As America Rediscovers the Sweet Potato, a Variety Takes Root

Traditionally served just once a year on American’s Thanksgiving Day dinner tables, sweet potatoes are starting to pop up everywhere, from pancakes and salsa to fine dining and fast food restaurant menus.

Reaping the benefits of the vegetable’s growing popularity — and a superior variety of the root vegetable called the Covington — are North Carolina farmers, who began planting the new sweet potato released by the  Sweetpotato Breeding and Genetics Program at North Carolina State University (NCSU) in 2005.

With higher yields, a longer grocery shelf life and a uniform size, the Covington has become a preferred variety of farmers, wholesalers and retailers.

“Throughout my career, I’ve seen over a million seedlings planted and most of the time, they fail,” says Craig Yencho, Ph.D., NCSU professor and leader of the breeding program. “We hit a homerun with the Covington.”

Sweet Potato Love

In 2010, Americans purchased nearly 12 million pounds of sweet potatoes — up from 7 million in 2008. Nearly half of all sweet potatoes grown in the United States come from North Carolina, the country’s No. 1 producer of the crop.

But in 1997, North Carolina farmers were feeling desperate. The main sweet potato variety they had been planting and harvesting for years, the Beauregard, was no longer performing.

“After growing successfully for years, the Beauregard was giving way to disease and just wasn’t growing well,” says Kenneth V. Pecota, M.S., researcher and cobreeder with NCSU’s sweet potato breeding program.

One in a Million

Yencho and Pecota quickly went to work on a new variety, combining one sweet potato plant’s parent with another plant parent to identify the best progeny. The multiyear process involves growing seeds produced in the crosspollination yearly by the tens of thousands in a greenhouse and then transferring cuttings from the plants to fields, a process aided by funding from the North Carolina SweetPotato Commission, North Carolina Certified Sweet Potato Seed Growers Association, and the North Carolina Crop Improvement Association.

“In a breeding program, the goal is to find a needle in a haystack, the plant that will withstand all of our testing,” says Yencho. “It takes 1 to 2 million seeds to establish a major cultivar.”

In 1999, the fledgling plant that would become the Covington caught the attention of breeders by thriving in a tough growing season. Yencho and Pecota decided to fast-track the plant, asking commercial growers to plant 50, then 150 acres and then 500 acres of the potential new variety over three years. Throughout the breeding process, NCSU evaluated the yield in on farm and research-station experiments, testing the roots for their disease resistance and nutritional profile and conducting baking and processing trials — all of which the Covington passed with flying colors.

Sweet Deal

In 2005, the Covington became the first commercially successful plant-patented sweet potato variety in the world. In addition to filing the plant patent, NCSU’s Office of Technology Transfer helped structure a nonexclusive licensing agreement for farmers and seed growers, which included an annual fee plus a royalty on acreage grown or percentage of seed sold.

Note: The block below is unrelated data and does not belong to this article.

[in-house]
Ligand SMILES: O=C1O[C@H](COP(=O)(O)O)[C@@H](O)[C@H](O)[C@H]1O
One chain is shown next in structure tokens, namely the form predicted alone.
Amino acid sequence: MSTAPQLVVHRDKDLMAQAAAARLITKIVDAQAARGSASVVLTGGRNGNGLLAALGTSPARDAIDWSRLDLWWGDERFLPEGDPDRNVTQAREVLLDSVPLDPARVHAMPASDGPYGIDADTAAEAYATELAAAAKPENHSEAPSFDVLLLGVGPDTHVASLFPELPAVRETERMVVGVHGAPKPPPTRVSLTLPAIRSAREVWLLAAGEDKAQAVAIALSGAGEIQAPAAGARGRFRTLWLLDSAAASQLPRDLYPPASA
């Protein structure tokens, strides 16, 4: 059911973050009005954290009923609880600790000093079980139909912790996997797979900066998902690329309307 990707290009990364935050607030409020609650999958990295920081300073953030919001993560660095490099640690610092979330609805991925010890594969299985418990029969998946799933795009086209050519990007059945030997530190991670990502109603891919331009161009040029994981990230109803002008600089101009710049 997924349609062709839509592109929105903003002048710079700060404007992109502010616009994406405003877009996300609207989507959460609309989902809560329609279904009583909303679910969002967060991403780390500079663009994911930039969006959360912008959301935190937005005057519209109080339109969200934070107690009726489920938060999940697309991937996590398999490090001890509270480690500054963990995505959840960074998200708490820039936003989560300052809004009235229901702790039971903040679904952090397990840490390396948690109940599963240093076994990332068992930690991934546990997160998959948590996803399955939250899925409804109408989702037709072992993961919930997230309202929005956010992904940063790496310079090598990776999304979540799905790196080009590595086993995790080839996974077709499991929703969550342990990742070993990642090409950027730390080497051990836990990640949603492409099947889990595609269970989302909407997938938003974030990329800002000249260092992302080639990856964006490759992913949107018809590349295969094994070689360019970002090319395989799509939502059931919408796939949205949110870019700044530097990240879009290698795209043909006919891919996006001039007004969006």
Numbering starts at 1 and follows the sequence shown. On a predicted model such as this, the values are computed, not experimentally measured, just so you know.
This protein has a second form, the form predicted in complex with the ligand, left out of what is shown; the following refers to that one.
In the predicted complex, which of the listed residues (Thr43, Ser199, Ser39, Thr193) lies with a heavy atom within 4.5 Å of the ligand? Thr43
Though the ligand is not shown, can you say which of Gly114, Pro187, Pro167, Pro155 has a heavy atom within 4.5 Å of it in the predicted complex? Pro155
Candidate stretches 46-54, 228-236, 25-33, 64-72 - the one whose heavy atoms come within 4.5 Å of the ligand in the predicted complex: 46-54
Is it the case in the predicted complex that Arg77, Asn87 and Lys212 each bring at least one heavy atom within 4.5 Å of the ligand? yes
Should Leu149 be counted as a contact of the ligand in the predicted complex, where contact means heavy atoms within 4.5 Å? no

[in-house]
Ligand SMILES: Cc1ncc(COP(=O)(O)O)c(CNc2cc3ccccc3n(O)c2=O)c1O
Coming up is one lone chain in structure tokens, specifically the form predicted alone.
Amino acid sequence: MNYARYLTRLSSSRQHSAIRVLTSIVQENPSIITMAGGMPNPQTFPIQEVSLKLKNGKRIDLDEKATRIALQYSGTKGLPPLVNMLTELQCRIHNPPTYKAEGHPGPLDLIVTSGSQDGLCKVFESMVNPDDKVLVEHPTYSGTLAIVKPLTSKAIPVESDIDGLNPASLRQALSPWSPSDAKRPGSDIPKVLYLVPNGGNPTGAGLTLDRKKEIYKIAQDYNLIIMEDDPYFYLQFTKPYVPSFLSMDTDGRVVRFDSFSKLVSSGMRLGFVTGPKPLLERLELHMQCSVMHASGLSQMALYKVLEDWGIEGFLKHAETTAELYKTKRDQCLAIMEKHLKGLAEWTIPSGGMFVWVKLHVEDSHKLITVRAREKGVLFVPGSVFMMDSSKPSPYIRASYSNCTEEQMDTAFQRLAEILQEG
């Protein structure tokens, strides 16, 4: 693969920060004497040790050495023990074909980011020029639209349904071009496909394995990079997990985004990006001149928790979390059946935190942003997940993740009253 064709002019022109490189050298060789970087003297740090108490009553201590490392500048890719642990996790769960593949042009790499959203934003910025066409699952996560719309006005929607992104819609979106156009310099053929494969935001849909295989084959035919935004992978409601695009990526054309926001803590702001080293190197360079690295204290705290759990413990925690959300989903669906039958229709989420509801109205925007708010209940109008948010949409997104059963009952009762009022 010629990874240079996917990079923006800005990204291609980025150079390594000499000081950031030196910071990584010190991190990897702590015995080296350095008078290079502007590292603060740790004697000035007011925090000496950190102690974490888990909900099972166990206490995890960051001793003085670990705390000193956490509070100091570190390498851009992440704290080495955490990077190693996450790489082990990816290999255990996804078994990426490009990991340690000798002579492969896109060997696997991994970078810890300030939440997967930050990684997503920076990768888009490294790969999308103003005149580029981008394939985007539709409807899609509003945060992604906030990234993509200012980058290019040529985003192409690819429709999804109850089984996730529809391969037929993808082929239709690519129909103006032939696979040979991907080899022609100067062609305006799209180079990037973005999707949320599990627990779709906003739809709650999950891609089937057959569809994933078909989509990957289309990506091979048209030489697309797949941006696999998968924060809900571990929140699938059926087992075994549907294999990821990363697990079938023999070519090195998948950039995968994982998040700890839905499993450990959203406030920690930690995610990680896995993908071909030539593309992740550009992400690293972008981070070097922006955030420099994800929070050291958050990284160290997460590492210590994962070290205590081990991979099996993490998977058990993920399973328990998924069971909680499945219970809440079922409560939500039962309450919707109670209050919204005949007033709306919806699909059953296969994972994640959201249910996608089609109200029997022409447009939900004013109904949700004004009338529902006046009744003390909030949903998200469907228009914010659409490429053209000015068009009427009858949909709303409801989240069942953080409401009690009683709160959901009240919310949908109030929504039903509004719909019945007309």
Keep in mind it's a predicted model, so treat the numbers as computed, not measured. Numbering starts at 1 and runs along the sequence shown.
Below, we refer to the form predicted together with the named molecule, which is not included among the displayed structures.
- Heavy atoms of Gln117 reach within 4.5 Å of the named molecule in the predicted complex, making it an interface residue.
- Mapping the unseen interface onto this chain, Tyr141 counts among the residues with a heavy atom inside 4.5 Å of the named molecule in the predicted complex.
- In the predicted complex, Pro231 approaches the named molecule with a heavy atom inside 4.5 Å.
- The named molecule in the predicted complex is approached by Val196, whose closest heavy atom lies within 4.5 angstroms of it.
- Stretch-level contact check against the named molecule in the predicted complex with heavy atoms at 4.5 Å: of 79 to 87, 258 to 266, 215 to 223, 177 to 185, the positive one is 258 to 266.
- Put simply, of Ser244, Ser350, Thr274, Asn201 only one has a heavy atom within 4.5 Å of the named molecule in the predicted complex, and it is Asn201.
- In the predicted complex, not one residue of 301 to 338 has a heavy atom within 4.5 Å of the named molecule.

“The Covington is one of the crown jewels of the plant breeding program,” says Kultaran Chohan, Ph.D., licensing associate at NCSU. “Over the years, it has consistently been one of NCSU’s highest royalty earners.”

Today, the Covington accounts for 90 percent of the sweet potatoes grown in North Carolina and is gradually displacing the Beauregard in California. According to Yencho, the variety represents about 20 percent of all sweet potatoes grown nationwide — generating more than $250 million in U.S. farm revenue in 2012 — and is the No. 1 sweet potato exported out of the country.*

Size Matters

“Once we introduced it, the Covington quickly became a preferred variety,” says Pecota. “It may not be spectacularly pretty like the Beauregard, but it’s dependable and it produces high yields.”

Sue Johnson-Langdon, who joined the North Carolina SweetPotato Commission as executive director after spending 25 years as a sweet potato farmer, says the hospitality industry really appreciates the Covington’s uniform size.

“A restaurant can’t deliver a large sweet potato to one customer and then a small one to the customer at the next table,” she explains.

Major food processors are also embracing the sweet potato — converting the orange root into frozen French fries, pie filling, soups and purees — as are fast food restaurants, which have experimented with sweet potato fries as a menu item.

“I don’t think we’ll ever replace the potato but the sweet potato offers a more complete nutritional package,”says Johnson-Langdon. “I think we’ve just touched the potential of the sweet potato.”

Cash Crop

The introduction of the Covington in combination with improved agricultural, curing and storage practices have boosted the entire state’s farming economy according to Johnson-Langdon. Since 1995, North Carolina’s sweet potato acreage has increased by 194 percent, yields are up 133 percent and prices are up by 26 percent.

“The Covington is a super variety that’s been a real gift in terms of commercialization,” she says.

“I know a lot of growers and their families so it feels great and humbling to see them be successful,” adds Yencho. “It’s been a big hit for us and it has helped a lot of growers become profitable.”











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